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re: Pterosaur wings and refs



David Unwin wrote:
>>With regard to wing shape in pterosaurs. I have seen direct evidence
of
brachiopatagium attachment to the hind limb, as far as the ankle, in
Sordes,
Rhamphorhynchus, Pterodactylus and what is probably Tapejara. <<

David, I don't doubt that you saw what you saw, but that's the power of
the paradigm.
I will be able to better respond to your points after the paper is out,
so this will have to be my last post on the subject until then. For now,
I can tell you that the first three pteros you mentioned will be covered
in the paper. The last I am not aware of, but if anyone has a jpg, I'd
be interested.

>> I have also seen
very good photographs of specimens of Eosipterus (the specimen described
by Lü
2002) and Jeholopterus that also appear to show exactly the same thing.

Not aware of the Eosipterus specimen. Jeholopterus figures big in the
paper though. Again, send a jpg, something I can bat against. Not just
words. This could be fun.

>> So, the
same relationship seems to be present in six different pterosaurs
representing
at least four completely distinct major clades. Add to this Hazlehurst's
(1991)
discovery of a good correlation between fore and hind limb length in
pterosaurs,

This is probably true because in a balanced standing bipedal pose the
distal metacarpus of nearly all pterosaurs will touch the ground, or at
least the ankle, by simple elbow extension (short-armed Austriadactylus
and Campylognathoides zitteli are the sole exceptions). Thus pteros were
able quadrupeds and bipeds, _even better_ than the frilled lizard and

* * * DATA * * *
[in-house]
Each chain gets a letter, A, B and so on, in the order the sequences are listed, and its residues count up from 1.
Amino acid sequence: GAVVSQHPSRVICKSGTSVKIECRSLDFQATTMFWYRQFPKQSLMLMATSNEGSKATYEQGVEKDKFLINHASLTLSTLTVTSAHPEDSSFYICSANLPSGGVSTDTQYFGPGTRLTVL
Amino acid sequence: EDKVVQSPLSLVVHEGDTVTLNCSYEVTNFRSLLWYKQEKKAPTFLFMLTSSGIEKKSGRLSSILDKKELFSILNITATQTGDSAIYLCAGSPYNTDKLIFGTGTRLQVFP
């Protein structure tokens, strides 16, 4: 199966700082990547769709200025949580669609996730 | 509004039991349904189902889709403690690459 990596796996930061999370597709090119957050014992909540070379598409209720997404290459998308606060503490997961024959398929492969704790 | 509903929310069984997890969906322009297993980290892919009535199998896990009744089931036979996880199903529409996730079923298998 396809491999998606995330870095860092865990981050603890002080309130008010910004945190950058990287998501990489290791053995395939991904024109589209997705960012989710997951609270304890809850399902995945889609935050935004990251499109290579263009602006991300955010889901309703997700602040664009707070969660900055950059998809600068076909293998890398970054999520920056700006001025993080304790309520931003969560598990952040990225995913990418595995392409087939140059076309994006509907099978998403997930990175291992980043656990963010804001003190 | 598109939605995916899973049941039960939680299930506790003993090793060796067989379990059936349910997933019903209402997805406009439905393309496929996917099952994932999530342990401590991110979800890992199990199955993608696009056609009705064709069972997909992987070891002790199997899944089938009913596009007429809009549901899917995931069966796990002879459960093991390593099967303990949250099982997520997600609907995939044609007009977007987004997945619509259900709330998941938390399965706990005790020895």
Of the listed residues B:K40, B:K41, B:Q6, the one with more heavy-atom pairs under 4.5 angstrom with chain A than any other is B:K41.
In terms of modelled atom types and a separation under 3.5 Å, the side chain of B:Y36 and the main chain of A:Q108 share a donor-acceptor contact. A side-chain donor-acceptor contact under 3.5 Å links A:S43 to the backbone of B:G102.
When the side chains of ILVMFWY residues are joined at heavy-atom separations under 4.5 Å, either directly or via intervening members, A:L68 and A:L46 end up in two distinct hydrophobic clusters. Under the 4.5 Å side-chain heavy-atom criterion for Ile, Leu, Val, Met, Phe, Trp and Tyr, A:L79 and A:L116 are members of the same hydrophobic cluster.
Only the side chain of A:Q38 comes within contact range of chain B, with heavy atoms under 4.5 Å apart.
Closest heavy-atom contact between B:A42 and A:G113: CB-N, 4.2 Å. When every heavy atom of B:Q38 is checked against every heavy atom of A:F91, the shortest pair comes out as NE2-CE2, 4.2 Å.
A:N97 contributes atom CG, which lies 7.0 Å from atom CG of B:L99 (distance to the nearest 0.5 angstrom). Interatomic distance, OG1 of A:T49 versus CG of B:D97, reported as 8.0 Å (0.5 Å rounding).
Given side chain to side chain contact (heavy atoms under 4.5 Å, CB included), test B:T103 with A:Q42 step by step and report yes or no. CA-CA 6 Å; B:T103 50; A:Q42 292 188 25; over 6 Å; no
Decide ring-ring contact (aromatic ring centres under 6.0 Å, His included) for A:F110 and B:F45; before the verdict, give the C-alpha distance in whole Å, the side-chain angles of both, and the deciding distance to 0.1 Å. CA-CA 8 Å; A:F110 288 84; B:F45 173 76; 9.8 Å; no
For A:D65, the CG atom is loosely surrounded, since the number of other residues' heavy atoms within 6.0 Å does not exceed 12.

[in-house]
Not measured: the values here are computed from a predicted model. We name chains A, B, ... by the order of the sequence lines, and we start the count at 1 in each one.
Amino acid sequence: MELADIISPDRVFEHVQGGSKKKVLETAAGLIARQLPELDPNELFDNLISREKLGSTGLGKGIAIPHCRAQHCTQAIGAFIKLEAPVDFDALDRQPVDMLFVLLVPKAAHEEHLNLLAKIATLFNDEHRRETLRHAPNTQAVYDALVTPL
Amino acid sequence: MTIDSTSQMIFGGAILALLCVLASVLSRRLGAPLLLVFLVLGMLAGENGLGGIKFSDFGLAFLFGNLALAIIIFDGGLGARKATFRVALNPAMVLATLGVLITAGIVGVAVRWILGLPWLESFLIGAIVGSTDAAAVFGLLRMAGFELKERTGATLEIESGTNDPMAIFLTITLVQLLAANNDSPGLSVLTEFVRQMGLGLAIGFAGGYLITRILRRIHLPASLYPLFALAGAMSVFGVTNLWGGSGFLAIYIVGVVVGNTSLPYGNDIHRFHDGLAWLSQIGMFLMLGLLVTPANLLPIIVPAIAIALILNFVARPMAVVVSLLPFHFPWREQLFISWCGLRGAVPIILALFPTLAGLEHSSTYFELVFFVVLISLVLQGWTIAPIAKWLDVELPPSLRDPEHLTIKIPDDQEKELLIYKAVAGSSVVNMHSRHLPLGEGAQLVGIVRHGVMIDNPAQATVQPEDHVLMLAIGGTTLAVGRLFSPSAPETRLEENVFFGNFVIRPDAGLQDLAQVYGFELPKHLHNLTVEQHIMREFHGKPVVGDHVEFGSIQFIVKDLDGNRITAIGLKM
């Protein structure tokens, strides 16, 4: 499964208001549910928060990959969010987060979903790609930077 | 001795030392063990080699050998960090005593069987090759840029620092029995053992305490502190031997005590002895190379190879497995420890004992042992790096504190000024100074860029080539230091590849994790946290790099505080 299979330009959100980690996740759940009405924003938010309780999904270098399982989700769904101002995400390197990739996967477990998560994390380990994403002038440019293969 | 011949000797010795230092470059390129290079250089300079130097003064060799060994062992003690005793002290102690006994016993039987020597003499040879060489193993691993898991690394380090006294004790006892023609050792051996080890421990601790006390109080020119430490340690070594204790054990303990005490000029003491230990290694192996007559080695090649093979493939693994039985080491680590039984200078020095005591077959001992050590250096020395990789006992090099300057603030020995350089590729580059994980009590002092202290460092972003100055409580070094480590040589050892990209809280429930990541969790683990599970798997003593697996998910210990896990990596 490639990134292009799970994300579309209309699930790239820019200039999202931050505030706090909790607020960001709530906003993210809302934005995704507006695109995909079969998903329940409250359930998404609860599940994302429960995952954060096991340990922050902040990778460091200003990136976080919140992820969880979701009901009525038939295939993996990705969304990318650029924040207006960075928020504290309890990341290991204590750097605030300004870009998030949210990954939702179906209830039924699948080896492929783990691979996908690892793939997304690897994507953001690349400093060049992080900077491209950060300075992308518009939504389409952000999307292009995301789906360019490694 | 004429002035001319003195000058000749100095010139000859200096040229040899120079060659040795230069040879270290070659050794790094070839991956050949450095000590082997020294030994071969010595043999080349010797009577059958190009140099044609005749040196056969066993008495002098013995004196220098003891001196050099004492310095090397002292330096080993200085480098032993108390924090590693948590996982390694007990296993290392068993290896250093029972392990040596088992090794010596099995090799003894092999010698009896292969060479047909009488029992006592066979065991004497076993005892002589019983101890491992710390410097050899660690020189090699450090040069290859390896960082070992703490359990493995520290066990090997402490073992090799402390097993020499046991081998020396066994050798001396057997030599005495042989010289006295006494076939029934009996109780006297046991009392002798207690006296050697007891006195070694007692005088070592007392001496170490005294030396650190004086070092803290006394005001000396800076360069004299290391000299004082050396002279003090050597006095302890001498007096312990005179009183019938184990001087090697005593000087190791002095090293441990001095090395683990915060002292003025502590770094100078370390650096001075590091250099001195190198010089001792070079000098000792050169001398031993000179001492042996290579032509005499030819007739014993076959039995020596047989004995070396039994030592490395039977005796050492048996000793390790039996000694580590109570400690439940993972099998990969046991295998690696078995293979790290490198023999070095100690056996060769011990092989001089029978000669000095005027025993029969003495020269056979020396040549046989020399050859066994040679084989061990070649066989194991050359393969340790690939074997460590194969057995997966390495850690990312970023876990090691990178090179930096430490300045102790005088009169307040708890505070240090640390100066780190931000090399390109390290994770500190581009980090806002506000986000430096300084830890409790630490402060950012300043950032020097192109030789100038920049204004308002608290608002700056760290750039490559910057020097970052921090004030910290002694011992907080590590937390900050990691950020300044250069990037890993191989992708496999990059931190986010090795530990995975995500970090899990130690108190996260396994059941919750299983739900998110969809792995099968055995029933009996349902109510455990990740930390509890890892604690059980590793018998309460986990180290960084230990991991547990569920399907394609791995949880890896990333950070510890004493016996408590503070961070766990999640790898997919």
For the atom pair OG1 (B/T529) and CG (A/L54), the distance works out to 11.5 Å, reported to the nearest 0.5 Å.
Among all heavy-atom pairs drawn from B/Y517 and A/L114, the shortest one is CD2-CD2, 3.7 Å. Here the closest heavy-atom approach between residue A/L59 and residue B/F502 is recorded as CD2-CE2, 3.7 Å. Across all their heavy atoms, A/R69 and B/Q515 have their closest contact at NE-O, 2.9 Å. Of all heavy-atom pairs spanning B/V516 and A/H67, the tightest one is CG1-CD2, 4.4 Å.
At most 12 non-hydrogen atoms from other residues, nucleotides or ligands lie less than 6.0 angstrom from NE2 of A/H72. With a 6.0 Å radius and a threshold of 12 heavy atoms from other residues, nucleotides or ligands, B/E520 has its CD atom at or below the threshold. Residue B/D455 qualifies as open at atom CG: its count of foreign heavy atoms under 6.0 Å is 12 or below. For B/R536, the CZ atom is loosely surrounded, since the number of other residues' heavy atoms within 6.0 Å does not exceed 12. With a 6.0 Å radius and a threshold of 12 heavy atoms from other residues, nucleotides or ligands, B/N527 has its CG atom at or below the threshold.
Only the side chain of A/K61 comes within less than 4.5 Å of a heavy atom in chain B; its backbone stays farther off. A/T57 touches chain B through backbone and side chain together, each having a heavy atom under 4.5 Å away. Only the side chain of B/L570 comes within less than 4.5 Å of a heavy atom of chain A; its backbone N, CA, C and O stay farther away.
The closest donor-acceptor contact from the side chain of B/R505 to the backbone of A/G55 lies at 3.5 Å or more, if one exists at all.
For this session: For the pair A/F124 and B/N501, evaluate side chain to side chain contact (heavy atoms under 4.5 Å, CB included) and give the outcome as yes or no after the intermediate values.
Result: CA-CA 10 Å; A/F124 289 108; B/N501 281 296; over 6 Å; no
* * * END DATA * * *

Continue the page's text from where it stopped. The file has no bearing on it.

her 18 extant sisters who can morph in moments from a cold-blooded
undulating quad into a speedy, digitigrade biped. I can send Internet
links to mpg movies of same if interested.

>>the general similarity of appendicular morphology across a wide
range of taxa, including all those with direct evidence of
brachiopatagium
attachment to the hind limbs, and one ends up with a clear, well
integrated
picture of whats going on in pterosaurs vis a vis wings and legs. Note
that
this 'Sordes' model is also completely consistent with, for example, qu!

adrupedal plantigrady - as shown y thousands of pterosaur tracks, and is

supported by a new study by Matt Wilkinson (Cambridge) showing how
effective
and aerodynamically advantageous wing attachment to the hind limbs was
for
pterosaur flight. Since no one has ever presented any evidence, direct
or
indirect to show that the brachiopatagium was not attached to the hind
limb, in
any pterosaur,

Just a few more weeks you'll have it.
I thought of you, David, often will writing the paper.
Fasten your seatbelt. You're in for a paradigm shift.

>> it is most parsimonous to assume that the Sordes model, at least
with respect to the brachiopatagium, applies to all pterosaurs.

You'll be surprised how quickly and how well the traditional Sordes
model falls apart. I found something you and Sharov missed.

>>Reconstructing,
the exact shape of the brachopatagium, as it was in life, is more
problematic
in that its not clear how extensible it might have been originally.
Certainly
what is evident in fossils should probably be taken as the minimum.

In my opinion, what is evident in fossils should probably be taken as
is. By the way, next to Jeholopterus, Sordes, the holotype, provides the
best current example of a narrow chord wing.

Until then ~
David Peters